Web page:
The God of Health reveals the Bust of Louis XIV to France, or alluding to the Healing of the King is a relief by Nicolas Coustou.
This entry piece by Nicolas Coustou for the Académie Royale de Peinture et de Sculpture is an allegory in compliments of Louis XIV, who'd lately recovered from sickness. The topic and layout of this work, whose, doesn't represent the sculptor's ability. Coustou took over six years to complete the work, and was struck off the list of artists that were documented before finally submitting the piece in 1693.
An allegory in compliments of Louis XIV
This allegorical bas relief centres on a bust of King Louis XIV place on a base. Over the dragon he's slain, Pythian Apollo, the god of well-being, stands on the left. He covers the bust with his cloak, seemingly guarding the king from the specters in the cloud, which signify sickness. To the right of the king is a youthful reclining girl, wearing a crown and holding the fleur de lis scepter, who personifies France. She looks toward the youthful god. This is an immediate allusion to the king's healing from sickness in 1687.
Strict control of entry pieces
Nicolas Coustou applied to the Académie Royale de Peinture et de Sculpture when he returned from Rome in 1687, and was enrolled. For his entry into the Académie he'd to do a marble bas relief, the issue of which were visited by the painter Le Brun and layout. The topic is related to a series of allegorical pictures in honor of Louis XIV, such as Sculpture Presenting the King's Medallion to Painting (1682, Louvre Museum) by Jacques Prou, or Poetry and Music Observing the Glory of King Louis XIV(1686, Louvre Museum) by Jean Rousselet. Ill health had lately threatened the king, and Coustou was required to observe his healing.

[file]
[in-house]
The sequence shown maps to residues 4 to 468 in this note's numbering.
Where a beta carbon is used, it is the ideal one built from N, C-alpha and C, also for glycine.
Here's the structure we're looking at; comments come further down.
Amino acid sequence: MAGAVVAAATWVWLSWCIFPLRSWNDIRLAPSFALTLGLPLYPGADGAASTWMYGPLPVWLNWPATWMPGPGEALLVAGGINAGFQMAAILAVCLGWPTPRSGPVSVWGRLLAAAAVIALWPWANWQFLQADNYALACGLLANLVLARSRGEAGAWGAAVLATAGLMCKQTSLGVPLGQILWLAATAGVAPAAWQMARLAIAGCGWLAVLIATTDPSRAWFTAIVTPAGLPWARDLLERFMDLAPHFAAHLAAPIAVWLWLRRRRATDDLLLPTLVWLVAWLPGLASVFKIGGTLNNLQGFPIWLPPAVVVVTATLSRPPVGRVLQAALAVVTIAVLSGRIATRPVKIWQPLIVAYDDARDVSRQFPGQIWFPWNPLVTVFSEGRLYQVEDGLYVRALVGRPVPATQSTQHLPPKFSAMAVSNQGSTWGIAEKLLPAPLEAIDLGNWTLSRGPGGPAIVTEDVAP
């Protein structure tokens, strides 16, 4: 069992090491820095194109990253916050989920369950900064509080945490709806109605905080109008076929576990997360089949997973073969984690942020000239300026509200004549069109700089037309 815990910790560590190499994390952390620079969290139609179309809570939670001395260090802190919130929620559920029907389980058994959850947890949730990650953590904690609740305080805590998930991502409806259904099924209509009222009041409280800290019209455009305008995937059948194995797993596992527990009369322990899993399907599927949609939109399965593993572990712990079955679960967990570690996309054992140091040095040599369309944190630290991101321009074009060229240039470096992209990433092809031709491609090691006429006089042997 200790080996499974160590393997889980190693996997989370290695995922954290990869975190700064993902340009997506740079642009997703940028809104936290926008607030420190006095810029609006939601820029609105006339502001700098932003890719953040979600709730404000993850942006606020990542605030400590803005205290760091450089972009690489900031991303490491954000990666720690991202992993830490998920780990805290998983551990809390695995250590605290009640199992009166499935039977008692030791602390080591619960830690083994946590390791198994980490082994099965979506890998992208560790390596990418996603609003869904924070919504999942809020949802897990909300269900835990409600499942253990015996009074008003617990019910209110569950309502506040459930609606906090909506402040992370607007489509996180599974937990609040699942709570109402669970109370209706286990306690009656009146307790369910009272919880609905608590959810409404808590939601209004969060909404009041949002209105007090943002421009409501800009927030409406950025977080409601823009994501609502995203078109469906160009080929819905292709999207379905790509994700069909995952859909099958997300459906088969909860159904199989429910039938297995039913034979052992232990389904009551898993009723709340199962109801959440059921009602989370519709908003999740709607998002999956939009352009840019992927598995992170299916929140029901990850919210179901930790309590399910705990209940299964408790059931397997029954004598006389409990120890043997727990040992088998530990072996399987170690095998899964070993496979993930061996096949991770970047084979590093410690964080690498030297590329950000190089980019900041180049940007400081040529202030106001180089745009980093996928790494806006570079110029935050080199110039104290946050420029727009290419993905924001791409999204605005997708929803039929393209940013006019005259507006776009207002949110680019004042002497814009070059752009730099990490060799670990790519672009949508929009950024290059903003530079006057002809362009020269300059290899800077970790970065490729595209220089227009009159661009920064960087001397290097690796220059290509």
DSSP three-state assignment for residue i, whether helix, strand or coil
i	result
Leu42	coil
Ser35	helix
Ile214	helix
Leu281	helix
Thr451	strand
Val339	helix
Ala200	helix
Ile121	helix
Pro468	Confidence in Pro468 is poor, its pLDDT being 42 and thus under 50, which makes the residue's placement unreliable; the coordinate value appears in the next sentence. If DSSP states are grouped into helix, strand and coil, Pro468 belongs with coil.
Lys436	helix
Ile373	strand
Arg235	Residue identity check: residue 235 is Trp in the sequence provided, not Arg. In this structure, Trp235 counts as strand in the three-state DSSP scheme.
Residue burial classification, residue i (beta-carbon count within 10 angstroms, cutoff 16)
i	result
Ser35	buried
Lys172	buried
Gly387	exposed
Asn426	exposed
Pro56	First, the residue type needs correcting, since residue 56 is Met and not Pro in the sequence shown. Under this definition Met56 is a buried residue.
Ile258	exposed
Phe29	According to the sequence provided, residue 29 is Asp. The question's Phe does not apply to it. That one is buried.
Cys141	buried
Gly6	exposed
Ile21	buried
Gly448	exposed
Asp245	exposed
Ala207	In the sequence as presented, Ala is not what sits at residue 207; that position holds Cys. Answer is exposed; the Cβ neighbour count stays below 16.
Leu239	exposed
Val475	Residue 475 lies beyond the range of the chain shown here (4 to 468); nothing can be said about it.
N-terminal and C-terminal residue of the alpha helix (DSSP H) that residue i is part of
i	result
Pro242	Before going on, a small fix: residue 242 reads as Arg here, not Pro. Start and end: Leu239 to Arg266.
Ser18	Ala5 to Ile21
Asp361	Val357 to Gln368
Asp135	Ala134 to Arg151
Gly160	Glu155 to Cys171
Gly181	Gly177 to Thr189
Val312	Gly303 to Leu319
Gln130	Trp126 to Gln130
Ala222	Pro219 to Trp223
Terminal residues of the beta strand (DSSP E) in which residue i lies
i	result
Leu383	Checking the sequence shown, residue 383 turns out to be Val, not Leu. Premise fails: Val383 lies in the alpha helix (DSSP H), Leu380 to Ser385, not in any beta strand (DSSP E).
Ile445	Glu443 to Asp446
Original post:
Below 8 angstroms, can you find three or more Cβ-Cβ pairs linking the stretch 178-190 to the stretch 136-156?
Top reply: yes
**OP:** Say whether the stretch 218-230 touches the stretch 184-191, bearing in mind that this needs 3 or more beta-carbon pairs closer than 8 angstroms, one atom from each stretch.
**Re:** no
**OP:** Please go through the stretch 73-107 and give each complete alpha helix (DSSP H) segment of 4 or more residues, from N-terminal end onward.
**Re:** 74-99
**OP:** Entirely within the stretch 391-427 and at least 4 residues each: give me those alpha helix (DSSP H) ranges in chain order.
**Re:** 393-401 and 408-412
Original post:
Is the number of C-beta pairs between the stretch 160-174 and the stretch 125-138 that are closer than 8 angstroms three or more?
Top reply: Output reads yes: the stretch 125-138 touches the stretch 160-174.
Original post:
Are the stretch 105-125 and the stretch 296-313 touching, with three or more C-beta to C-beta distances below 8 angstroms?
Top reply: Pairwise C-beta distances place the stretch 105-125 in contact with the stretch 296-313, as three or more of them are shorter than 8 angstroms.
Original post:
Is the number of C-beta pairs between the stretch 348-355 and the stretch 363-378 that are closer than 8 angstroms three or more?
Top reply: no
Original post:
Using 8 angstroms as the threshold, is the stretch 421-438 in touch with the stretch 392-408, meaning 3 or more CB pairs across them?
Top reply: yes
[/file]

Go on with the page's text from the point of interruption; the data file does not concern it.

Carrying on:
The artist was quite active with the building of the Grand Trianon at Versailles and possibly lacked excitement for a composition over which he had no command. Despite several postponements, he was not able to create his marble in time and was struck off the list of artists that are registered. He was re-filed in 1693 and declared of the exact same year on August 29.
A work that is unsatisfactory?
This work - a formality to enable the sculptor - doesn't represent the sculptor's ability.
The taste of space is flawed: Apollo is place in the foreground, standing before the bust of the king in the backdrop (the drapery around the god's hips falls in front of the bust's pedestal; the depth of the relief puts him at the exact same degree as France), yet Apollo's protective gesture toward the king with his cloak indicates he is on exactly the same amount as the bust, even only behind it. The figure of the god is seemingly a reference to the Apollo Belvedere(Vatican), a historical statue that had embodied perfect beauty in art since the Renaissance. But in the Apollo of Coustou, proportions and the location of the legs are not correct. Furthermore, the god looks weightless as he stands on the dragon. For a work dedicated to the glory of the sovereign, and an entry piece, the lack of finish in the details is, in addition, astonishing: the delineation of the dragon is not convincing, and the king's bust isn't well worked.
Yet there are some great components. The figure of France is represented with sophistication and fluidity. The low relief of the specter appearing from them and the clouds evoke its passing and the intangible nature of sickness.
The bust of Louis XIV depicted in the relief is a working of Bernini commended sculpture of him.
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